How is the UK’s coronavirus vaccine programme progressing?

Nilima Marshall, PA Science Reporter
·4-min read

A major UK study looking at whether Covid-19 vaccines can be safely mixed for the first and second doses is being expanded to include two additional jabs.

Adults over 50 who have had a first dose of Pfizer/BioNtech or Oxford/AstraZeneca are being invited to take part in the Com-Cov study, with the second dose either the same as the first one, or a shot of Moderna or Novavax.

– Why are scientists studying mixing doses?

Researchers want to determine whether combining vaccines might offer stronger, longer-lasting immunity against coronavirus and its variants.

If proven to be successful, mixing and matching doses would offer more flexibility to the UK’s national vaccine rollout programme.

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– How many people have been vaccinated so far?

Around 32.2 million people in the UK have had a first dose of a Covid vaccine, while 7.2 million have received a second dose.

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– Who is being offered the vaccine now?

In England, people aged 45 and over are being invited and can book online, while over-50s are being offered the vaccine in Scotland.

In Northern Ireland, people aged 40-45 are now eligible to book for a Covid jab.

Meanwhile, the Welsh government has said all over-50s have now been offered their first dose.

Across the UK, those aged over 16 who live with adults with weakened immune systems will also be offered a jab.

Coronavirus graphic
(PA Graphics)

– Who is next in line to get the vaccine?

The Government has said all adults will be offered their first dose by the end of July.

This will happen in decreasing age order – starting with those aged between 40-49 years, followed by those aged 30-39 and then those in the 18-29 age bracket.

– Which vaccines are currently being used in the UK?

There are currently three vaccines approved for use in the UK: Pfizer, AstraZeneca and Moderna.

The Moderna jab works in a similar way to the Pfizer one, using tiny fragments of genetic code from coronavirus to train the body to fight off infection.

The AstraZeneca vaccine is slightly different and uses a harmless, modified virus which carries instructions that also teaches the body to tackle Covid-19.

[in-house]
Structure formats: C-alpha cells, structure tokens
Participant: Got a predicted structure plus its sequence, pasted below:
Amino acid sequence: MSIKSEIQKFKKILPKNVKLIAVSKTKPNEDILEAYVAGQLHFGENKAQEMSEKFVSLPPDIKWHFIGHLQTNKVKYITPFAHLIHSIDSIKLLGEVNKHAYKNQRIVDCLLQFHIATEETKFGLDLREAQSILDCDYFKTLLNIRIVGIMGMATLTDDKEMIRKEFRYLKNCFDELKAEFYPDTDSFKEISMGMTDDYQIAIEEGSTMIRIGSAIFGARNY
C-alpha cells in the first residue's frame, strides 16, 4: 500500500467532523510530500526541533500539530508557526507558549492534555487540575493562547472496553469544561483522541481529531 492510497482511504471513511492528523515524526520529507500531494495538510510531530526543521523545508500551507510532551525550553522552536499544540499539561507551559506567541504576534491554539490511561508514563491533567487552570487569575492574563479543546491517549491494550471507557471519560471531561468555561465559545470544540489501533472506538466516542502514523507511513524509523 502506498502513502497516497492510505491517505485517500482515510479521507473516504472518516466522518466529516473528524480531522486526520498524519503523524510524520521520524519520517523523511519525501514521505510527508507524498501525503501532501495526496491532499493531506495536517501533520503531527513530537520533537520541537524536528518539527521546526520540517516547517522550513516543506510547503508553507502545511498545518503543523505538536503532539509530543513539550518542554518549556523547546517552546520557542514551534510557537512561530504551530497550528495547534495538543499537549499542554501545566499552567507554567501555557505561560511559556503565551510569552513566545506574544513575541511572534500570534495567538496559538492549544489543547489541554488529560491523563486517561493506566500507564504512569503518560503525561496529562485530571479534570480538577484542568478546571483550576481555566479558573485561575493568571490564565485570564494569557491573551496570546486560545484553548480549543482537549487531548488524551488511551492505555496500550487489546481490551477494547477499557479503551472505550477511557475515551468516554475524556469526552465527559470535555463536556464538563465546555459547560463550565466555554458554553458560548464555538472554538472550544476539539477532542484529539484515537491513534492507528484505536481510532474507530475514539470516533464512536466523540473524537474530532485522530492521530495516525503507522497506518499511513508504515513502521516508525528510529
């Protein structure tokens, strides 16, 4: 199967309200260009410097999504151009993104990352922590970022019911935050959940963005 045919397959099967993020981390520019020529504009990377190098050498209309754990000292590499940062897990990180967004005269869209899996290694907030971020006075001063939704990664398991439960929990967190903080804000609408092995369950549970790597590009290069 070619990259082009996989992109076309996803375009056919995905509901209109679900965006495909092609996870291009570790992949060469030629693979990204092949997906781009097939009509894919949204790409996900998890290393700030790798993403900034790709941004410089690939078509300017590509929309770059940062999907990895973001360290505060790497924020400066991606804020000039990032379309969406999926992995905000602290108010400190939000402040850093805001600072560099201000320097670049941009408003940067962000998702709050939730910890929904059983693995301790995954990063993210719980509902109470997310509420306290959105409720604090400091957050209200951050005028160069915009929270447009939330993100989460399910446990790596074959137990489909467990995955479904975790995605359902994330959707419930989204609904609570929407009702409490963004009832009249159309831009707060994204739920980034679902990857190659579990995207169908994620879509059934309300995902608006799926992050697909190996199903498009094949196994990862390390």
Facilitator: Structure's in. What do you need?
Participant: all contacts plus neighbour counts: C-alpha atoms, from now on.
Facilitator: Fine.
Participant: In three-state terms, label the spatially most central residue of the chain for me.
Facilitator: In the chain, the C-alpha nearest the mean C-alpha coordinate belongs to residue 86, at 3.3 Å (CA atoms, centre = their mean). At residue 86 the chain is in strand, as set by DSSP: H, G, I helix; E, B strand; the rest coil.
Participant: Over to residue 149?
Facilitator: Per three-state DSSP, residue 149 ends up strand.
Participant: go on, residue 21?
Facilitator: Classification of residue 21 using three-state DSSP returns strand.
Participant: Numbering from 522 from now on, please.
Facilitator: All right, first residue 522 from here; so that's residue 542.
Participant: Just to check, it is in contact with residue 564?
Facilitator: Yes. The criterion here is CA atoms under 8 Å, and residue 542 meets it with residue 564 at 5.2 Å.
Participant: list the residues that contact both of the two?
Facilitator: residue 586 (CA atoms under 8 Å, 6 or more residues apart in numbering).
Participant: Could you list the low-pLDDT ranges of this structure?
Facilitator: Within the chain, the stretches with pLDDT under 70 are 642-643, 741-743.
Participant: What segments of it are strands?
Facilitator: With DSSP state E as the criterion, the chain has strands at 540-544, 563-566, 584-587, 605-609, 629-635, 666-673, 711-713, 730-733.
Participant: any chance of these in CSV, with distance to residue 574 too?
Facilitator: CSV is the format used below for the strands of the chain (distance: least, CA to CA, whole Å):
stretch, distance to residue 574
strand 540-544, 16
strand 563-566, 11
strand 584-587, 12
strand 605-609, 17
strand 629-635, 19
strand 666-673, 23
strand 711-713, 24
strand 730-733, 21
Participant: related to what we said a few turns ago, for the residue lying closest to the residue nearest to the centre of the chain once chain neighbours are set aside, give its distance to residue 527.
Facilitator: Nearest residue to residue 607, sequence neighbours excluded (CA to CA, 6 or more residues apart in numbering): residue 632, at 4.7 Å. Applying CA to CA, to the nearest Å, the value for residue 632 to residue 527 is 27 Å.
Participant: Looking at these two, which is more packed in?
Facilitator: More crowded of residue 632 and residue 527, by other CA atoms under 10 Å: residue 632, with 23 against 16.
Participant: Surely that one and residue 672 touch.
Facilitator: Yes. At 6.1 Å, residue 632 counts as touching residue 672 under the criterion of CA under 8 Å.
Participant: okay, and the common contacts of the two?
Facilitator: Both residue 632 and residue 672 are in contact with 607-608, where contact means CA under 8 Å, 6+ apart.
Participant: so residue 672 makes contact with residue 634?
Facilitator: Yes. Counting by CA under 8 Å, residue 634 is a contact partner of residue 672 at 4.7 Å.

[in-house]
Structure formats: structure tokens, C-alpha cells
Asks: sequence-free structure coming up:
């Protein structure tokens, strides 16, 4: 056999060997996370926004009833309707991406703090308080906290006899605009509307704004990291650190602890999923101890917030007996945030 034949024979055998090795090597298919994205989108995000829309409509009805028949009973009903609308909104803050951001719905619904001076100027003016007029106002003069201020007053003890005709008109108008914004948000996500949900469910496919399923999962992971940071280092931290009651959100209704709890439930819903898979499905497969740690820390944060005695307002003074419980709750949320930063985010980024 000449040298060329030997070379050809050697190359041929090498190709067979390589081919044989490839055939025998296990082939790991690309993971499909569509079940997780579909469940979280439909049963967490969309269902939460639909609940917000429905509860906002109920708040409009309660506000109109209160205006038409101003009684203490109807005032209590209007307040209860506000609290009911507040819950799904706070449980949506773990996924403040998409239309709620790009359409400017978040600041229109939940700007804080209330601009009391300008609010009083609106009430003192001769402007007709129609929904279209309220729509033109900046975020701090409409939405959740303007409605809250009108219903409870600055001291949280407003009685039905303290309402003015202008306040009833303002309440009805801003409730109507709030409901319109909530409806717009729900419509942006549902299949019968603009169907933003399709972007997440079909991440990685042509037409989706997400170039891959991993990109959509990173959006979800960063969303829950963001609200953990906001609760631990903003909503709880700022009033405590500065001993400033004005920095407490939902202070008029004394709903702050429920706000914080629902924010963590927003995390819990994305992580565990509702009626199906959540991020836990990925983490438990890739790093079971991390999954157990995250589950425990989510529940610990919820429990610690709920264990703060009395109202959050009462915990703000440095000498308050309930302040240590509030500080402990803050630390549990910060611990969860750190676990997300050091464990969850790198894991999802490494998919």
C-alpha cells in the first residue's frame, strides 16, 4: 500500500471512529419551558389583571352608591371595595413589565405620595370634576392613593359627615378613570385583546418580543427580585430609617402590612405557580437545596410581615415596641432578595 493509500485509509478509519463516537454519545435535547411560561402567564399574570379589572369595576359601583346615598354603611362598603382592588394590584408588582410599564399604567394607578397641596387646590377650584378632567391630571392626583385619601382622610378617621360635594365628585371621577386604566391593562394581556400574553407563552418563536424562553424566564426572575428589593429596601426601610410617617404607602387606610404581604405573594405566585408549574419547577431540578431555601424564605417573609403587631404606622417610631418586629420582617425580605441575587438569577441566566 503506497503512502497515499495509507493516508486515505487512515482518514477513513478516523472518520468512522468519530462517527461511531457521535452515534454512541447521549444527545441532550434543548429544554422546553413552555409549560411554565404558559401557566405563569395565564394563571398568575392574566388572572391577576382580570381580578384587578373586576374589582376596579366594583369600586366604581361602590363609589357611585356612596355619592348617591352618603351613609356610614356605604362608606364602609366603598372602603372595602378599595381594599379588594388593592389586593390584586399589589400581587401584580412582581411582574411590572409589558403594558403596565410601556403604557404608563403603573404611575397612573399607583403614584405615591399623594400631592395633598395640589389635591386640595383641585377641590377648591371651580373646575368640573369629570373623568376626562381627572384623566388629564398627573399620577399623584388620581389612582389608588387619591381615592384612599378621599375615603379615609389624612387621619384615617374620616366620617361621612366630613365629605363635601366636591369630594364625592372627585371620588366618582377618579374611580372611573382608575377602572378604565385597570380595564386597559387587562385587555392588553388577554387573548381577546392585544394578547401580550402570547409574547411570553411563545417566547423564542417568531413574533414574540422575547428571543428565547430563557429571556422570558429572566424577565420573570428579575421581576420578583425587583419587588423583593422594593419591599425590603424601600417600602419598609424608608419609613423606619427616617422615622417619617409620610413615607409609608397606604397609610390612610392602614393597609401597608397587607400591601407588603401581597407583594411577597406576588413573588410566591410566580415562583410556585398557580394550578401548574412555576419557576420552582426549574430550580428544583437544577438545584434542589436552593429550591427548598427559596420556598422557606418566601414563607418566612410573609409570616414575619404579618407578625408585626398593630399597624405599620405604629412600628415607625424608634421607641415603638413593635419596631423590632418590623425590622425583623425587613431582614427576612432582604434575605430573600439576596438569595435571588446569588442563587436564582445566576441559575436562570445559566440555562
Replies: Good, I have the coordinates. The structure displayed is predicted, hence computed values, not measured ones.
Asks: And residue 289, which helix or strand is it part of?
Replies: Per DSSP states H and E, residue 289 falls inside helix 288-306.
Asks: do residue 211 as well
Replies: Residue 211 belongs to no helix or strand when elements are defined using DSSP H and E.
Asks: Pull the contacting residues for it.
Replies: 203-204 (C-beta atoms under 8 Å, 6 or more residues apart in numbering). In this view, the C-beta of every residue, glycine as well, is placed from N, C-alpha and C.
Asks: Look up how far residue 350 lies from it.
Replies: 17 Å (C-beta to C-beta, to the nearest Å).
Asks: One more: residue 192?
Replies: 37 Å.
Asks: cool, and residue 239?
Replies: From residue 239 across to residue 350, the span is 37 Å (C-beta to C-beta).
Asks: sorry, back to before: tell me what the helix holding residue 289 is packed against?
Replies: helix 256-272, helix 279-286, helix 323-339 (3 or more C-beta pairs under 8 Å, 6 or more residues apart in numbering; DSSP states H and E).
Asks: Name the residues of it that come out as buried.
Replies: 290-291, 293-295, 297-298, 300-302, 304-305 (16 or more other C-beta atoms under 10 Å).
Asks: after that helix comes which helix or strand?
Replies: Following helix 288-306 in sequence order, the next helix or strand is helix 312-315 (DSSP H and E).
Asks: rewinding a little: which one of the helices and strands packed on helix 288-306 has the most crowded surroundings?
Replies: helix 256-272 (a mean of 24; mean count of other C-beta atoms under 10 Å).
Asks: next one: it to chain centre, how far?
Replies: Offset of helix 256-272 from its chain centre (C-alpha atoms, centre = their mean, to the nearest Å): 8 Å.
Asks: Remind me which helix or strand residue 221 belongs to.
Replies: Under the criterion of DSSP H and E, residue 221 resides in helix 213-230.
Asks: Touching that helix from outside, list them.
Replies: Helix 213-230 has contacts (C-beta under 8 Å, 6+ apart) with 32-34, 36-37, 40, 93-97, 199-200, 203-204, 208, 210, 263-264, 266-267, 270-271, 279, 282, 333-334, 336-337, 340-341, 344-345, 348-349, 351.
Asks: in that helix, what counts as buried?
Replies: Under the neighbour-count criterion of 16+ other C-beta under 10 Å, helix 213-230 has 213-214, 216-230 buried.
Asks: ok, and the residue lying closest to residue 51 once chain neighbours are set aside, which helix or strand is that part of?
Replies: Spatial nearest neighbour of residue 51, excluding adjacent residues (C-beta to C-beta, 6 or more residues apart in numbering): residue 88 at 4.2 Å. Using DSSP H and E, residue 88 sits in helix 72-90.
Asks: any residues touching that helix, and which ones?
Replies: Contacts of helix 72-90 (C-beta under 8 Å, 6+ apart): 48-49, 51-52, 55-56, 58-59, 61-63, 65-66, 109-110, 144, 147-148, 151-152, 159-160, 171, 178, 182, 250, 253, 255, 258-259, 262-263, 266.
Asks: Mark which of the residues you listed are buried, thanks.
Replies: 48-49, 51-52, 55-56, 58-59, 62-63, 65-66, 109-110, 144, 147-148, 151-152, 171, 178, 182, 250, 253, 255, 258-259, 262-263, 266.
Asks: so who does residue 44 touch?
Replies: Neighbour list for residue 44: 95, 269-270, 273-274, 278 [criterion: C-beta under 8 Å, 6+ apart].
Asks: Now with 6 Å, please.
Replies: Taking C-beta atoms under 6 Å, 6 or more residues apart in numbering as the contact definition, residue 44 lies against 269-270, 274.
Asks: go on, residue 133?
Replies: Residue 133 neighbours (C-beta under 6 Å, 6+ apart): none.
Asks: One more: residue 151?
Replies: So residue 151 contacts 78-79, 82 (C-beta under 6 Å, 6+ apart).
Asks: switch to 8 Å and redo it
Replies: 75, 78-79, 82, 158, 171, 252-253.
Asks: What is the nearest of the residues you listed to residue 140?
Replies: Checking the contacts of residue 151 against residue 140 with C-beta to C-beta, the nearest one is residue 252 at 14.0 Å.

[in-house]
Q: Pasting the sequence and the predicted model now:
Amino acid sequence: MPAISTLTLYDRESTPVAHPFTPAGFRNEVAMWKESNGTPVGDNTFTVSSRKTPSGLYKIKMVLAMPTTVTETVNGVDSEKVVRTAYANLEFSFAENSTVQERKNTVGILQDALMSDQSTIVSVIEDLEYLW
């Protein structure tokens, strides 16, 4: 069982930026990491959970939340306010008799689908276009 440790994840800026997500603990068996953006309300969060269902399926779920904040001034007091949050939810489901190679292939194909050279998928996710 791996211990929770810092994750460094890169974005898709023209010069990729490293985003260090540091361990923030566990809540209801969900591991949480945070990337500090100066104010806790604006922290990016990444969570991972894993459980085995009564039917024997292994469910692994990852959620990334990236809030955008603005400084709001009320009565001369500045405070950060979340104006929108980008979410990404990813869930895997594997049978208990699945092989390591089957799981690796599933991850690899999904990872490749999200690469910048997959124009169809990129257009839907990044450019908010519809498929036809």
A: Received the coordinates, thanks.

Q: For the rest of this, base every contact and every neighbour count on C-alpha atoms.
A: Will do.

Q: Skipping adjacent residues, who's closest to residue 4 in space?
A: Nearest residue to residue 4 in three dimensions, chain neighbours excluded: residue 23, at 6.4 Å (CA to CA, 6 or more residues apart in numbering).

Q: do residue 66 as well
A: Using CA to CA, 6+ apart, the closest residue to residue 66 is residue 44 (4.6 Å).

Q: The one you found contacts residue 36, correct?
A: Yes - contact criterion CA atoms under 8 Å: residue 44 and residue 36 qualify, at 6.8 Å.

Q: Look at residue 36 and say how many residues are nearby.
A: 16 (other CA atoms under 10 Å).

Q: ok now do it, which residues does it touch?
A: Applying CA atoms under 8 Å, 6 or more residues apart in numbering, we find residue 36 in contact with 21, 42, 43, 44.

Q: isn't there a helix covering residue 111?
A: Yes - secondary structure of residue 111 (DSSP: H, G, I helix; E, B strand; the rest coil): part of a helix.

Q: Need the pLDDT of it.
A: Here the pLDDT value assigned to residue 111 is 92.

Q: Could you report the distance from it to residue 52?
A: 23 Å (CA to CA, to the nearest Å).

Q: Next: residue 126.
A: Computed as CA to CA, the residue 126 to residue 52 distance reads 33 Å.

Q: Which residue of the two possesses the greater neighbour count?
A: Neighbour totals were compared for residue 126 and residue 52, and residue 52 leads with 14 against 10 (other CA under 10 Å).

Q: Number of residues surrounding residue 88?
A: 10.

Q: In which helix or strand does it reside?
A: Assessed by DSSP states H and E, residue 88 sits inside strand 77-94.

The Novavax jab has not been approved yet in the UK, but that is expected to happen soon – with early results from trials showing it to be safe and effective.

– How many vaccine doses are there?

The UK has ordered seven vaccines involving 407 million doses – more than enough for every adult in the country.

These include AstraZeneca (100 million), Pfizer (40 million), Valneva (100 million), Novavax (60 million), GlaxoSmithKline (60 million), Janssen (30 million) and Moderna (17 million).

AstraZeneca vaccine
Vials of the Oxford/AstraZeneca coronavirus vaccine (Yui Mok/PA)

– Are blood clots as possible vaccine side-effects a cause for concern?

There have been reports of a rare type of bloods clot connected to the AstraZeneca vaccine.

However, the UK medicines regulator – the Medicines and Healthcare products Regulatory Agency (MHRA) – has said the benefits of the AstraZeneca vaccine continue to far outweigh any risks.

But they added that as a precautionary measure, under-30s will be offered an alternative jab.

Up to March 31, the MHRA has received 79 reports of blood clots accompanied by low blood platelet (cells that can help blood clot) count, all in people who had their first dose of the vaccine.

Of these 79, a total of 19 people have died, and three were under the age of 30, although it has not been established what the cause was in every case.

– What about the Pfizer/BioNTech or Moderna jabs?

The MHRA has said up to March 31, it had received “two reports of blood clots (thromboembolism) reported with thrombocytopenia for the Pfizer/BioNTech vaccine”.

By this date, approximately 11 million first doses and 3.5 million second doses of the vaccine had been given.

There is no data on the Moderna vaccine as it is not yet being used widely in the UK.